Place:Windham, Portage, Ohio, United States

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NameWindham
Alt namesStrongsburgsource: USGS, GNIS Digital Gazetteer (1994) GNIS39020547
Windham Centersource: USGS, GNIS Digital Gazetteer (1994) GNIS39020547
Windham Villagesource: USGS, GNIS Digital Gazetteer (1994) GNIS39020547
TypeVillage
Coordinates41.239°N 81.037°W
Located inPortage, Ohio, United States
source: Getty Thesaurus of Geographic Names
source: Family History Library Catalog


the text in this section is copied from an article in Wikipedia

Windham is a village located in Portage County, Ohio, United States. It is formed from portions of Windham Township, one of the original townships of the Connecticut Western Reserve. The population was 2,209 at the 2010 census. In 1942, the US government chose Windham as the site of an army camp for workers at the newly built Ravenna Arsenal. As a result, Windham experienced the largest increase in population of any municipality in the United States between the 1940 and 1950 censuses: The population increased from 316 residents to 3,946.

Windham is part of the Akron Metropolitan Statistical Area. Owing to its location, which is slightly closer to Youngstown than Akron and significantly closer to Warren (at away, even closer to Windham than the county seat of Ravenna), the village also positions itself in relation to cities in the Youngstown-Warren-Boardman, OH-PA Metropolitan Area.[1] Accordingly, the sole bank in Windham holds membership in the Youngstown-Warren Regional Chamber of Commerce.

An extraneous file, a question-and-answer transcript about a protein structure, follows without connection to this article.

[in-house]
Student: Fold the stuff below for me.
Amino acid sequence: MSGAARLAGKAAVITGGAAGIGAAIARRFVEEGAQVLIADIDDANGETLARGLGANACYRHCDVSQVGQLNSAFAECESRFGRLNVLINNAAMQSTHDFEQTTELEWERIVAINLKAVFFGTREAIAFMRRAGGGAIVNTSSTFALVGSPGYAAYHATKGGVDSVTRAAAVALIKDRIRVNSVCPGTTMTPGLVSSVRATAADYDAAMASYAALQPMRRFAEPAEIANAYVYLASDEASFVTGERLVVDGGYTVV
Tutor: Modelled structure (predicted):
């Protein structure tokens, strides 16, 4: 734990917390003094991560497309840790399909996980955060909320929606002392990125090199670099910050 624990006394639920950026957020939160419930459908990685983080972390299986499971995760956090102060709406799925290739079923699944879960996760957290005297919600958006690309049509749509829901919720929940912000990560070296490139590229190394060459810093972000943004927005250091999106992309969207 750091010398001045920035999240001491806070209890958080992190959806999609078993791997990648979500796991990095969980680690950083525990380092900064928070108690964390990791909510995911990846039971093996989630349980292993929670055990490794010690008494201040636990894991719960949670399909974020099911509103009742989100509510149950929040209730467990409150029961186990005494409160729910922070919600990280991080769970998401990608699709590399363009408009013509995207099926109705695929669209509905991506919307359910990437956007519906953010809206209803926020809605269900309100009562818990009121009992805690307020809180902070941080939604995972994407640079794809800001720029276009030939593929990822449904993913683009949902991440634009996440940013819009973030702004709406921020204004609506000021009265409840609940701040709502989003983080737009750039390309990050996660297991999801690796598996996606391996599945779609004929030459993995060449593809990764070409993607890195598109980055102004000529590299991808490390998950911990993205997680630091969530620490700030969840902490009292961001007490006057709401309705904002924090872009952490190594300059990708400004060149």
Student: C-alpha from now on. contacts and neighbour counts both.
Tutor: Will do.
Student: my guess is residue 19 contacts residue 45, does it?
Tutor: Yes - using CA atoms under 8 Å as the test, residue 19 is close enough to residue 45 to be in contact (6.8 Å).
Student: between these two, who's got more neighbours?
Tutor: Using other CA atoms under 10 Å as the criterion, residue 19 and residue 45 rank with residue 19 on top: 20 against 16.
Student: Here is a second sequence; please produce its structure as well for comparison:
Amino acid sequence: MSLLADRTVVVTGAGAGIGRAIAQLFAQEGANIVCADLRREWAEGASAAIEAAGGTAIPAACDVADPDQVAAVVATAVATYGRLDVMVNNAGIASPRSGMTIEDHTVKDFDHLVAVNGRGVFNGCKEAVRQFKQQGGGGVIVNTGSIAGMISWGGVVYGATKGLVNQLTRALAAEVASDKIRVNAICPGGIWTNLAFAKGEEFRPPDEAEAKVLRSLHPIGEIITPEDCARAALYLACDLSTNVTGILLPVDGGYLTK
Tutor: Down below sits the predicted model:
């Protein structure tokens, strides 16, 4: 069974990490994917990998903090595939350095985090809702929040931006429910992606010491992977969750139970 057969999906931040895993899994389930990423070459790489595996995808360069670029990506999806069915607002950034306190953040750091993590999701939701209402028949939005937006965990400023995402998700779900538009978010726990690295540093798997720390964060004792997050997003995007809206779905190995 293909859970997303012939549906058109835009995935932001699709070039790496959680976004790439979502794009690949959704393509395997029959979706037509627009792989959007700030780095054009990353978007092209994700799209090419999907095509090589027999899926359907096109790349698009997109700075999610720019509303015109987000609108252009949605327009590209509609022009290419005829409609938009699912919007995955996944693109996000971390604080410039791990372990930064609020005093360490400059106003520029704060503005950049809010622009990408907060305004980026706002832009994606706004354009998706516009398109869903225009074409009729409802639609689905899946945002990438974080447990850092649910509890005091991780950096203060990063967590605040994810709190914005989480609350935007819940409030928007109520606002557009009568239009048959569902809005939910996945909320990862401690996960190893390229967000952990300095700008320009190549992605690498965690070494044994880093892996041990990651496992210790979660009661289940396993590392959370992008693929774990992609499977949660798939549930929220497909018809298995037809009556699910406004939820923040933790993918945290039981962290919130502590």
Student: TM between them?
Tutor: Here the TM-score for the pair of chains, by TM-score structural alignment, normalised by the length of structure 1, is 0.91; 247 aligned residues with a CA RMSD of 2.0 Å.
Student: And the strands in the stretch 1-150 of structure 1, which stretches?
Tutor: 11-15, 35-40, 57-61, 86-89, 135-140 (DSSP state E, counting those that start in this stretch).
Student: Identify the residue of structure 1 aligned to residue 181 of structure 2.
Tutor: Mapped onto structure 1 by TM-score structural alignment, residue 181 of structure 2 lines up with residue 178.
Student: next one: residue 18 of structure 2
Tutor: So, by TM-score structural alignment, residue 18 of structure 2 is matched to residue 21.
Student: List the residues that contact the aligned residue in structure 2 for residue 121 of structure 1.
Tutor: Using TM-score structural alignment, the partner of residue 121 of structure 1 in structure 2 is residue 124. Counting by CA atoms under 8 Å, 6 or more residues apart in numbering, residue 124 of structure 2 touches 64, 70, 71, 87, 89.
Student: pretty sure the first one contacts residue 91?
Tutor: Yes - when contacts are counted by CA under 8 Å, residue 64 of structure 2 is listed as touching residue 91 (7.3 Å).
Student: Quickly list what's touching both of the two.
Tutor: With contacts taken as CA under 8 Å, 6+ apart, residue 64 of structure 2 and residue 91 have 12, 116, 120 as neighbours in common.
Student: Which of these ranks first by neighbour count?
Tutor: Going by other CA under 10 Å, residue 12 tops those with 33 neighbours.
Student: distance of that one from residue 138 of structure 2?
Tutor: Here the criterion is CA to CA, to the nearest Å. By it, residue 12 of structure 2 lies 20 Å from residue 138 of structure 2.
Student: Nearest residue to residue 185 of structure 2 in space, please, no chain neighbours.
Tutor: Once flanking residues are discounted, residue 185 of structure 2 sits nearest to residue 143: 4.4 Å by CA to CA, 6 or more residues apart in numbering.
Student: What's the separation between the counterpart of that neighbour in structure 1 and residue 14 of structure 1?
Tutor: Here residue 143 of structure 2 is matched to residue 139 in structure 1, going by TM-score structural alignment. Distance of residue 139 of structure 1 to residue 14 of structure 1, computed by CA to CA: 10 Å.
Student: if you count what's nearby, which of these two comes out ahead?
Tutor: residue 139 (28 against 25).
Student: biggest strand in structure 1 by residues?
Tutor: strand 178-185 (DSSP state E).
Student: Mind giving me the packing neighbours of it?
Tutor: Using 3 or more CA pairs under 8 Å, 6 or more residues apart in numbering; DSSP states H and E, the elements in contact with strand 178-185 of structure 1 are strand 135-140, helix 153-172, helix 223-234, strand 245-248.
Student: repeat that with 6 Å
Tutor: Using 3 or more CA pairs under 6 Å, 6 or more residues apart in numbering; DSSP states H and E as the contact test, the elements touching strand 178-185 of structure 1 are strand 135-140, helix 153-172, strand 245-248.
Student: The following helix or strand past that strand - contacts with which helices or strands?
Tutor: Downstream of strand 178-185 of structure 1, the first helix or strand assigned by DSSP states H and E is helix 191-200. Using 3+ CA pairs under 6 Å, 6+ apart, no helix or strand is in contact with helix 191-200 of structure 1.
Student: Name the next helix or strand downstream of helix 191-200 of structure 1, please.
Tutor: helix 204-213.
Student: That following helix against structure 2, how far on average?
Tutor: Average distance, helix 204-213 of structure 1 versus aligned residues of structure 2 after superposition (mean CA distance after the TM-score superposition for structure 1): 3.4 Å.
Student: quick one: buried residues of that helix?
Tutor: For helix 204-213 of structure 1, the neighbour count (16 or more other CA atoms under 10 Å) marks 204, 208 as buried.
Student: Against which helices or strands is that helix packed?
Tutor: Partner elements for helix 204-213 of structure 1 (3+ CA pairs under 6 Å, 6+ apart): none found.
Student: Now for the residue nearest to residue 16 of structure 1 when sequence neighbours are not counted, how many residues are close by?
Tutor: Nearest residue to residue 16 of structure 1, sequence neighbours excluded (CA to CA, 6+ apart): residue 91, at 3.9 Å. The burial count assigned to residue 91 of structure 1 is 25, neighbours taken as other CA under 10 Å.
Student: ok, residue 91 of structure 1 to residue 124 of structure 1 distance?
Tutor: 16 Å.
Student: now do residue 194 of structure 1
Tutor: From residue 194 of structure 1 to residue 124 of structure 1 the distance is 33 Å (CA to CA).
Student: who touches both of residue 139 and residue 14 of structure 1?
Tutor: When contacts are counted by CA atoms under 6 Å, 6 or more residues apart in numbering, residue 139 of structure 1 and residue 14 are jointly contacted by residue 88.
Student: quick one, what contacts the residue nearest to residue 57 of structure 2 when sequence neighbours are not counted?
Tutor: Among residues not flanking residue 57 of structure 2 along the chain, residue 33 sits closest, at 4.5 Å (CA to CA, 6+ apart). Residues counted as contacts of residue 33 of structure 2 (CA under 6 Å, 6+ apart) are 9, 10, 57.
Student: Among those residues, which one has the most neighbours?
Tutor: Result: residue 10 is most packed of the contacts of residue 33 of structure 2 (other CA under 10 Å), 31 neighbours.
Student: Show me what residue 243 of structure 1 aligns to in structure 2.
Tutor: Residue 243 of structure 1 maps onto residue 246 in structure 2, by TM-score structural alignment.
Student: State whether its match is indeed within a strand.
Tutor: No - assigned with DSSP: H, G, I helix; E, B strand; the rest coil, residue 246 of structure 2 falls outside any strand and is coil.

History

the text in this section is copied from an article in Wikipedia

Prior to 1811, the land now comprising the Village and Township of Windham was owned by Caleb Strong, as part of his holdings through the Ohio Company of Associates. On September 11, 1810, a group of sixteen men met in Becket, Massachusetts at the home of Thatcher Conant to discuss the purchase of land in Ohio for settlement. These men, who would be known as the Beckett Land Company, consisted of Conant, Elijah Alford, Nathan Birchard, Gideon Bush, Dillingham Clark, Elisha Clark, Isaac Clark, Benjamin Higley, Aaron P. Jagger, Enos Kingsley, Jeremiah Lyman, Bille Messenger, Ebenezer Messenger, Benjamin C. Perkins, John Seely, and Alpheus Streator.[2]

On November 11, 1810, the Beckett Land Company purchased about from Caleb Strong. The land was divided into 100 lots, and allotted according to each family's investment in the company. Conant, his wife Elizabeth, Dillingham and Abigail Clark, and Alpheus and Anna Streator donated portions of their allotments near the center of the township for a village green,[2] which was common practice for townships in the Connecticut Western Reserve. The group of sixteen families then departed from Massachusetts on May 2, 1811. Six weeks later,[3] they arrived in the purchased survey township, which was located immediately south of Nelson Township in the Connecticut Western Reserve. This new township, known today as Windham Township, was survey town 4 in range 6 of the Western Reserve.